In the Shadows of Statues
A blog post by Deputy Director Tracie Guy-Decker. Read more posts from Tracie by clicking HERE.
In May of 2019, I attended the annual meeting of the American Alliance of Museums in New Orleans. One of the keynote speakers was Mitch Landrieu, the city’s mayor. To be honest, I don’t remember much of what he spoke about, but I must have been impressed, because I bought his book, In the Shadows of Statues: A White Southerner Confronts History. I finally got around to reading it.
Landrieu’s purposes is supposedly to recount the experience of deciding to and then executing the removal of Confederate statues in New Orleans on his watch. In the end, he writes on considerably more: He writes of his childhood and adolescence as the son of New Orleans’ Mayor, Moon Landrieu, a staunch fighter for civil rights. He recounts his time as Lieutenant Governor of Louisiana during Hurricane Katrina, and as mayor of New Orleans during the surge in gun violence that has overtaken the whole nation in the past five years. There is even a chapter devoted to tracing the parallels between David Duke’s rise to state-level office in Louisiana and Donald Trump’s ascension to the presidency.
Landrieu’s writing style is clear and digestible, and I found the text to be a pleasant read. He seems to have written the book to help convince other white southerners like himself that he made the right call in removing the statues. Regular readers of mine will not be surprised to learn that I am squarely in the choir for Landrieu’s sermonizing. Of course, DeRay McKesson (next on my TBR shelf) reminded me at the first annual Anti-Racism Book Festival last year that the best choir directors can teach you how to use your voice in ways you never thought possible.
I was surprised to find considerable time spent on the issue of gun violence and the disproportionate toll it takes in the African American community. Landrieu seems to come at the issue from a place of deep humanity–and with words that resonate with Jewish texts close to my heart. On page 144 Landrieu talks of “lives that deserved America’s promise.” Of those souls, cut short by gun violence, Landrieu echoes the verse that instructs “whoever destroys a single soul, Scripture accounts it as if he destroyed a whole world” (Mishna Sanhedrin 4:5) when he writes, “If it is true that one person can change the world, it must be true that the absence of so many must change it as well.” He goes on to tell stories of specific victims of violence during his tenure as mayor. The stories are heartbreaking, and as a reader I believe that Landrieu is heartbroken.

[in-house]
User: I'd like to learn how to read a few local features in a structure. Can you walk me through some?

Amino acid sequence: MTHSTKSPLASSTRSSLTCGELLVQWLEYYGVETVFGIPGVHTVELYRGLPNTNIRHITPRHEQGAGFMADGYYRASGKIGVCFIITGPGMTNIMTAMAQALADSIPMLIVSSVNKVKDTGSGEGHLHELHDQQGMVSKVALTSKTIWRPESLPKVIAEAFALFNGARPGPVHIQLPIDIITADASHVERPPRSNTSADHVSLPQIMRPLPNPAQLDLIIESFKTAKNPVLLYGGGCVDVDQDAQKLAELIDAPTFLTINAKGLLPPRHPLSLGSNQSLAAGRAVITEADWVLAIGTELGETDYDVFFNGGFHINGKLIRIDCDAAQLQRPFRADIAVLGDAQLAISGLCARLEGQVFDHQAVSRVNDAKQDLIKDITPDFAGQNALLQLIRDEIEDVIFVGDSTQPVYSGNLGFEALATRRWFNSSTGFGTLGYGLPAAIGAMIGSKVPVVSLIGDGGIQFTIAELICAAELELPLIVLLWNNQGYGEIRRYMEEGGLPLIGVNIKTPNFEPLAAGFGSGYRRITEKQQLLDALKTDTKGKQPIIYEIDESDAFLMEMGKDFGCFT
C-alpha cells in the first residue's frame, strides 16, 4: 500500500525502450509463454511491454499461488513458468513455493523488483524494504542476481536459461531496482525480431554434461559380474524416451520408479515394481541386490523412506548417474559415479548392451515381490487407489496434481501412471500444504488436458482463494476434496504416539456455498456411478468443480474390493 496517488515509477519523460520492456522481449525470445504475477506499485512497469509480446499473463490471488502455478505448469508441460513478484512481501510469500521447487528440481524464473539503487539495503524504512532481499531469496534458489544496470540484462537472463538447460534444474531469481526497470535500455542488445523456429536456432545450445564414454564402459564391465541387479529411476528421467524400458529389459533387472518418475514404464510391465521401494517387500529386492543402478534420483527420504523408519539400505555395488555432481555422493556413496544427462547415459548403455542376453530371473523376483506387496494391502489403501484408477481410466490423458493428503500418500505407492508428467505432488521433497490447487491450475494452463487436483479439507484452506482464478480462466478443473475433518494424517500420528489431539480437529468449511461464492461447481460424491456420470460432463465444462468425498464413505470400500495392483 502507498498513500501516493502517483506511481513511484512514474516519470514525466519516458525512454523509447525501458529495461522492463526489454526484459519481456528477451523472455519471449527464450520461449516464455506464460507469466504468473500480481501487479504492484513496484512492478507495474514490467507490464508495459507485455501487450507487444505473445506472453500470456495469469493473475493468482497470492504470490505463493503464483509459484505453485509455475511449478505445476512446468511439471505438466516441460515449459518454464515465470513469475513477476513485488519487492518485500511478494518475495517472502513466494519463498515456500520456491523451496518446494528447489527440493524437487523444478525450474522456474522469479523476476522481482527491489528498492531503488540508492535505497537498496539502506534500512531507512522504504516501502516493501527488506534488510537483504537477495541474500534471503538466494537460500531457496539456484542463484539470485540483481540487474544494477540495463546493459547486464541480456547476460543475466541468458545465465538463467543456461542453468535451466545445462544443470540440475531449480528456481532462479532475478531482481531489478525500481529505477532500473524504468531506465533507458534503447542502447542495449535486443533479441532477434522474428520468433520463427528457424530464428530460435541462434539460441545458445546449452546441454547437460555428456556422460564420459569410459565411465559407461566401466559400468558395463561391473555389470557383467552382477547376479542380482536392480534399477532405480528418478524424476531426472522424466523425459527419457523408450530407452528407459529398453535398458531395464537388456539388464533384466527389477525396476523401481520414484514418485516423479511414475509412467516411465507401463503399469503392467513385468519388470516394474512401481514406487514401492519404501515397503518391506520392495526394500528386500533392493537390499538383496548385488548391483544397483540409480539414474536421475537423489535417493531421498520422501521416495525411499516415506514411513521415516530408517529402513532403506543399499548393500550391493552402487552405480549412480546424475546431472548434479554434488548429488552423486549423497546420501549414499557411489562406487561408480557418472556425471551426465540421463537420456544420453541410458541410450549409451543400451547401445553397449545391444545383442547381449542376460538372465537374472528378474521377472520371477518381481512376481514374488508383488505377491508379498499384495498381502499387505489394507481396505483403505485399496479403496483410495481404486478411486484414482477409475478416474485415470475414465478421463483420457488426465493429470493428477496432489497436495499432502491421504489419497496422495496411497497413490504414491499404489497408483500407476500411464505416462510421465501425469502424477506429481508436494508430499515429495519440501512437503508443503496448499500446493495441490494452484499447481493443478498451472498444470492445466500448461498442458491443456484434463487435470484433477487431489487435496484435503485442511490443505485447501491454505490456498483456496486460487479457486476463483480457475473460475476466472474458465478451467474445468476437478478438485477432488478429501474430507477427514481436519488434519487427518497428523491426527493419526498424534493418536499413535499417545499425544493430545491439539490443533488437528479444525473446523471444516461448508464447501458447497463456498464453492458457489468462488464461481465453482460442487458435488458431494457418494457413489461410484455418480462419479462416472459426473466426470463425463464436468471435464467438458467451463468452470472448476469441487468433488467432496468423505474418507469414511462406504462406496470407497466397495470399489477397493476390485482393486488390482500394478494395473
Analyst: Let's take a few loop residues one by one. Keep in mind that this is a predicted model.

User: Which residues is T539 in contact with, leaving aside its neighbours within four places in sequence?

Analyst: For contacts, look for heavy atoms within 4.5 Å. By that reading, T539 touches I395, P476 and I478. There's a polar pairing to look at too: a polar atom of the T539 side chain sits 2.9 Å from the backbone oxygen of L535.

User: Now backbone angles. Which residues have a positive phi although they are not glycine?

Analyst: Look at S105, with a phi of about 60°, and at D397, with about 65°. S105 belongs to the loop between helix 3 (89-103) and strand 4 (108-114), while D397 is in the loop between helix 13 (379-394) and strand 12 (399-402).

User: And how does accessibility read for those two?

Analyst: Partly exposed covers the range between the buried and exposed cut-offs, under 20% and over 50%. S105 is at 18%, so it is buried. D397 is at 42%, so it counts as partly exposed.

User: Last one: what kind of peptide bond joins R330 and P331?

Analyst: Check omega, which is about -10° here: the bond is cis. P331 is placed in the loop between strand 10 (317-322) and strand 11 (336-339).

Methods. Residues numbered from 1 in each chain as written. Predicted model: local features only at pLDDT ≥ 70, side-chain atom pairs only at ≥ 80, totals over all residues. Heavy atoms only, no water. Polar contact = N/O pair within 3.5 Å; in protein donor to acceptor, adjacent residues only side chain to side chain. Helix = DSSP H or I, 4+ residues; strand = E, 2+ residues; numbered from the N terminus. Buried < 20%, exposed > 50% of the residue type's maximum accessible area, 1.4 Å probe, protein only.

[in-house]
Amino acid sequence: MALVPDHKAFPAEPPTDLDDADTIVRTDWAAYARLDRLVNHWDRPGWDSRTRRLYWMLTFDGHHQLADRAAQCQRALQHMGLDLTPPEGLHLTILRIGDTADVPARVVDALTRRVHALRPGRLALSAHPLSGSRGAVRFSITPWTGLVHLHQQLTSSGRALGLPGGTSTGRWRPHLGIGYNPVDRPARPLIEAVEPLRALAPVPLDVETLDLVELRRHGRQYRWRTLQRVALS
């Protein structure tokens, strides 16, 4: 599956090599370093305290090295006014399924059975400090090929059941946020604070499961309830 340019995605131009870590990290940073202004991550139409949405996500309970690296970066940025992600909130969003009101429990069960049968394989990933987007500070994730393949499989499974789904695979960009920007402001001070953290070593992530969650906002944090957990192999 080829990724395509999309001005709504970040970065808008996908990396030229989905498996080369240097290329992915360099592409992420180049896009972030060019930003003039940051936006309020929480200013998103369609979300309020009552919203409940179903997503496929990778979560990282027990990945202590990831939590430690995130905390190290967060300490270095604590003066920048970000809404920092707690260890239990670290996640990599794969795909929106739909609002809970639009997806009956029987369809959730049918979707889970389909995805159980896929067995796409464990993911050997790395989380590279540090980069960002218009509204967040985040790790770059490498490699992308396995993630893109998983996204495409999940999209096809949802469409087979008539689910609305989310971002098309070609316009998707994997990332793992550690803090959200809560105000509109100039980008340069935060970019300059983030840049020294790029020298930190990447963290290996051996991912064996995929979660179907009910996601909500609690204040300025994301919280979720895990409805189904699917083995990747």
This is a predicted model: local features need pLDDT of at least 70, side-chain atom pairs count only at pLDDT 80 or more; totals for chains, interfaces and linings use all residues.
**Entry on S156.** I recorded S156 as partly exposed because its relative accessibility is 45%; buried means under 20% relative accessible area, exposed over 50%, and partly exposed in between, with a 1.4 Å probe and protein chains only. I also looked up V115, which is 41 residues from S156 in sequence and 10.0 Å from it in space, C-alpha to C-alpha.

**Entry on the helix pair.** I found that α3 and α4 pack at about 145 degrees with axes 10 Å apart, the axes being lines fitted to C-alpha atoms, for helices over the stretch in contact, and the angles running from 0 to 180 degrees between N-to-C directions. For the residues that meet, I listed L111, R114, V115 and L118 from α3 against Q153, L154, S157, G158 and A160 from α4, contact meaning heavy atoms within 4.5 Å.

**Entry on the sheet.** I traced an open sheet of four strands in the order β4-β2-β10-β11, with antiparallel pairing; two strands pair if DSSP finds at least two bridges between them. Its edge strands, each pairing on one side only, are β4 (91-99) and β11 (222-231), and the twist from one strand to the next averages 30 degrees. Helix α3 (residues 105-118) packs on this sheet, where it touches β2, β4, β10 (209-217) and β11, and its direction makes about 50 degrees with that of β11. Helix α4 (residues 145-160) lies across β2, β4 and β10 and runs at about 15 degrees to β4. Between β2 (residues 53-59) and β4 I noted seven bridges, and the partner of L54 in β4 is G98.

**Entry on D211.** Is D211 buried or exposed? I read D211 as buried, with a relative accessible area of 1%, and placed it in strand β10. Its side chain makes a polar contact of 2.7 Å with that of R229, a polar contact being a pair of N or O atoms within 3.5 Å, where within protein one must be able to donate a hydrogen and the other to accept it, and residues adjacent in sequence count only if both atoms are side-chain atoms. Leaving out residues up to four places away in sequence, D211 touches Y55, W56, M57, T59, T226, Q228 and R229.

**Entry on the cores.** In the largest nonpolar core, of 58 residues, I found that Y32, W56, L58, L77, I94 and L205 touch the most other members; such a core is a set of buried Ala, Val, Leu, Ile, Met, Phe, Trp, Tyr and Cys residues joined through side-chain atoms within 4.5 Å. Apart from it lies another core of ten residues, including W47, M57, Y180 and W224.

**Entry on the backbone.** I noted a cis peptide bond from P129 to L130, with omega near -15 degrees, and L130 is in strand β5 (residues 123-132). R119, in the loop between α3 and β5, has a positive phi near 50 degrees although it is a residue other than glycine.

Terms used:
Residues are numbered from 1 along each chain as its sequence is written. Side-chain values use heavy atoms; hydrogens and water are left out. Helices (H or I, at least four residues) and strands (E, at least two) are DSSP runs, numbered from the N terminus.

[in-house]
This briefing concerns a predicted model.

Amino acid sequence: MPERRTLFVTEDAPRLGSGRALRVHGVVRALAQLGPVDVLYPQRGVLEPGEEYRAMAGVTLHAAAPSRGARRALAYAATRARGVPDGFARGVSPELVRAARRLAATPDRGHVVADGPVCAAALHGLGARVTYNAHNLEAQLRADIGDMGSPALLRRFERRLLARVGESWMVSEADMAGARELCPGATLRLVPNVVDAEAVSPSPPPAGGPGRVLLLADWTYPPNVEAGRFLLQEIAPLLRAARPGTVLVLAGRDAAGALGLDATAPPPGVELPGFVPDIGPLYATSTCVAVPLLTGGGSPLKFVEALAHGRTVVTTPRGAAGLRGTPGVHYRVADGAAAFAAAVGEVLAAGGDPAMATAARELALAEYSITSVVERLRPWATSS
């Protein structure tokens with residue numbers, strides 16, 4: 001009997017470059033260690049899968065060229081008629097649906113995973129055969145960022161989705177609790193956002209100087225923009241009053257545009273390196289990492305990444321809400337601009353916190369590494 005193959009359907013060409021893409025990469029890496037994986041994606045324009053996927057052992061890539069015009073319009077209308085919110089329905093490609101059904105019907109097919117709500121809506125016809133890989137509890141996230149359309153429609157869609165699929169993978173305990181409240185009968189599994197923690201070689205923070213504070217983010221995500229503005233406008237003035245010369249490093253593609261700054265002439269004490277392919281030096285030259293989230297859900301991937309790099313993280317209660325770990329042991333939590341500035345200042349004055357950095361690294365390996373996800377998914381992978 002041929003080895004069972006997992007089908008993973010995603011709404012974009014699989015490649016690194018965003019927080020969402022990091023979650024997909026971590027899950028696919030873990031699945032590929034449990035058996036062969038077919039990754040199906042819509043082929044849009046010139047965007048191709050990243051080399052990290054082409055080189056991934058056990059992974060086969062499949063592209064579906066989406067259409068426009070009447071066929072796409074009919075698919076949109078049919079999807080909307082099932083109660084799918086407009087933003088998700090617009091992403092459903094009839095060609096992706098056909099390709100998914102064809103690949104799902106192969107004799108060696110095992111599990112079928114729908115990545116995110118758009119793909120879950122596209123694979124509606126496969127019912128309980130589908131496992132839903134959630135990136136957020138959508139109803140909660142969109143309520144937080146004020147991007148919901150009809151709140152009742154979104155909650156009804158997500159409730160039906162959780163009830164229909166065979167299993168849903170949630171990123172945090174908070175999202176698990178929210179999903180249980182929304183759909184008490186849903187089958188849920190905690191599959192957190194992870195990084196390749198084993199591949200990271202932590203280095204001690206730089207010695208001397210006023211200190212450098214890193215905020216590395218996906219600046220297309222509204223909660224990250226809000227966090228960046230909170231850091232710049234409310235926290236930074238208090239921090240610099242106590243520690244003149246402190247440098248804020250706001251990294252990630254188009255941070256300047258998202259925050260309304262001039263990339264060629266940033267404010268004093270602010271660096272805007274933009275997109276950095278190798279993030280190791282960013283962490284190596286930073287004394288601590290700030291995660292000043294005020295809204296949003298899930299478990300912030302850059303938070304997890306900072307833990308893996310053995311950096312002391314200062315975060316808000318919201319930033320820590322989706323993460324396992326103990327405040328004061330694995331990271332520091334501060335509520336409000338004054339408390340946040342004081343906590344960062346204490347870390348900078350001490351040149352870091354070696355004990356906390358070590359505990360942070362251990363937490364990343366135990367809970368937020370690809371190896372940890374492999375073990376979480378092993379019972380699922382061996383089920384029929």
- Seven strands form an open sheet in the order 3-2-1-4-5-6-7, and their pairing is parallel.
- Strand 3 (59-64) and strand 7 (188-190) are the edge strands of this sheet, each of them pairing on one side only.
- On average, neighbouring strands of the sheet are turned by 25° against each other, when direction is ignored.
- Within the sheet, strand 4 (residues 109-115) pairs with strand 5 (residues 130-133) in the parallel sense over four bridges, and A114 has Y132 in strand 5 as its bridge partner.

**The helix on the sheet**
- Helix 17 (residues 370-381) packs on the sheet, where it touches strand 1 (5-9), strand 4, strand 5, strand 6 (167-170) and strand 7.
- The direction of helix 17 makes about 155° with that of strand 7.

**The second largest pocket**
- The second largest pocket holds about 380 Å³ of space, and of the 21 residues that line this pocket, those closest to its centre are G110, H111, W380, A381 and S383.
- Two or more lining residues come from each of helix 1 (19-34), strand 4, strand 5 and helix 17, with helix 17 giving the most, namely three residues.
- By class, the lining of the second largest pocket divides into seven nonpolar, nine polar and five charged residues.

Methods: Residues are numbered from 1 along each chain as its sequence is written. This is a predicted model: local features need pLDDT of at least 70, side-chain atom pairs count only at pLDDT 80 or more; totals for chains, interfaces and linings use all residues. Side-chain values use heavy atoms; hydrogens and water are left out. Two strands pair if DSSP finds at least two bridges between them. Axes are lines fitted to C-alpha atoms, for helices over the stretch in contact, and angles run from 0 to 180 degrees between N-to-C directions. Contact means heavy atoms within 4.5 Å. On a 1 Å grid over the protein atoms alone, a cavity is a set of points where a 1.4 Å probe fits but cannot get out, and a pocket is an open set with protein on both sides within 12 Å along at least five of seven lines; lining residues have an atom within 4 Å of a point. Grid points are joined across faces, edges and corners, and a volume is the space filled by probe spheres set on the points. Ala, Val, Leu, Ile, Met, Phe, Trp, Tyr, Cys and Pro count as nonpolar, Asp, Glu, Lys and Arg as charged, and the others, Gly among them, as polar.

After the heartbreak, he goes on to tell us, “I firmly believe that this is a solvable problem if we treat gun violence as both a public safety issue and a public health crisis. We vaccinate people to thwart disease. Against gun violence, society is passive.” (p 148) And later, “This is a mental health issue, and the greatest moral issue in America today” (150). Landrieu does not avoid the racial reality of the epidemic of gun violence: “In most major cities, someone dies each day from a gunshot. The weapon of choice, most often a handgun; the victims and perpetrators disproportionately young African American men.” (150) He goes further, recognize the racism behind the racial reality:
“As former Philadelphia mayor Michael Nutter has so forcefully said, if a foreign enemy killed fifteen thousand American citizens, there would be hell to pay. If the Ku Klux Klan murdered thousands of young black men, this nation would be in an uproar. But for some reason we are hardened to domestic gun deaths and remain eerily silent. Maybe it is in slow motion–we refuse to hear it or see it because we place too little value on the lives of young, black men.” (150).
Lest we believe Landrieu’s words on gun violence and racism have nothing to do with his overarching story, Landrieu reminds us, “We must press on, share the agenda that the culture of homicides is evil and unacceptable, and resolve ourselves to changing it, however long it may take or incremental it may be. But to do so requires us to value every life. The monuments hover and tell a different story. The shadow these symbols cast is oppressive. It is in this broad context that people must now understand that the monuments and the reasons they were erected were intended not to affirm life but to deny life. And in that sense, the monuments in a way are murder.” (160).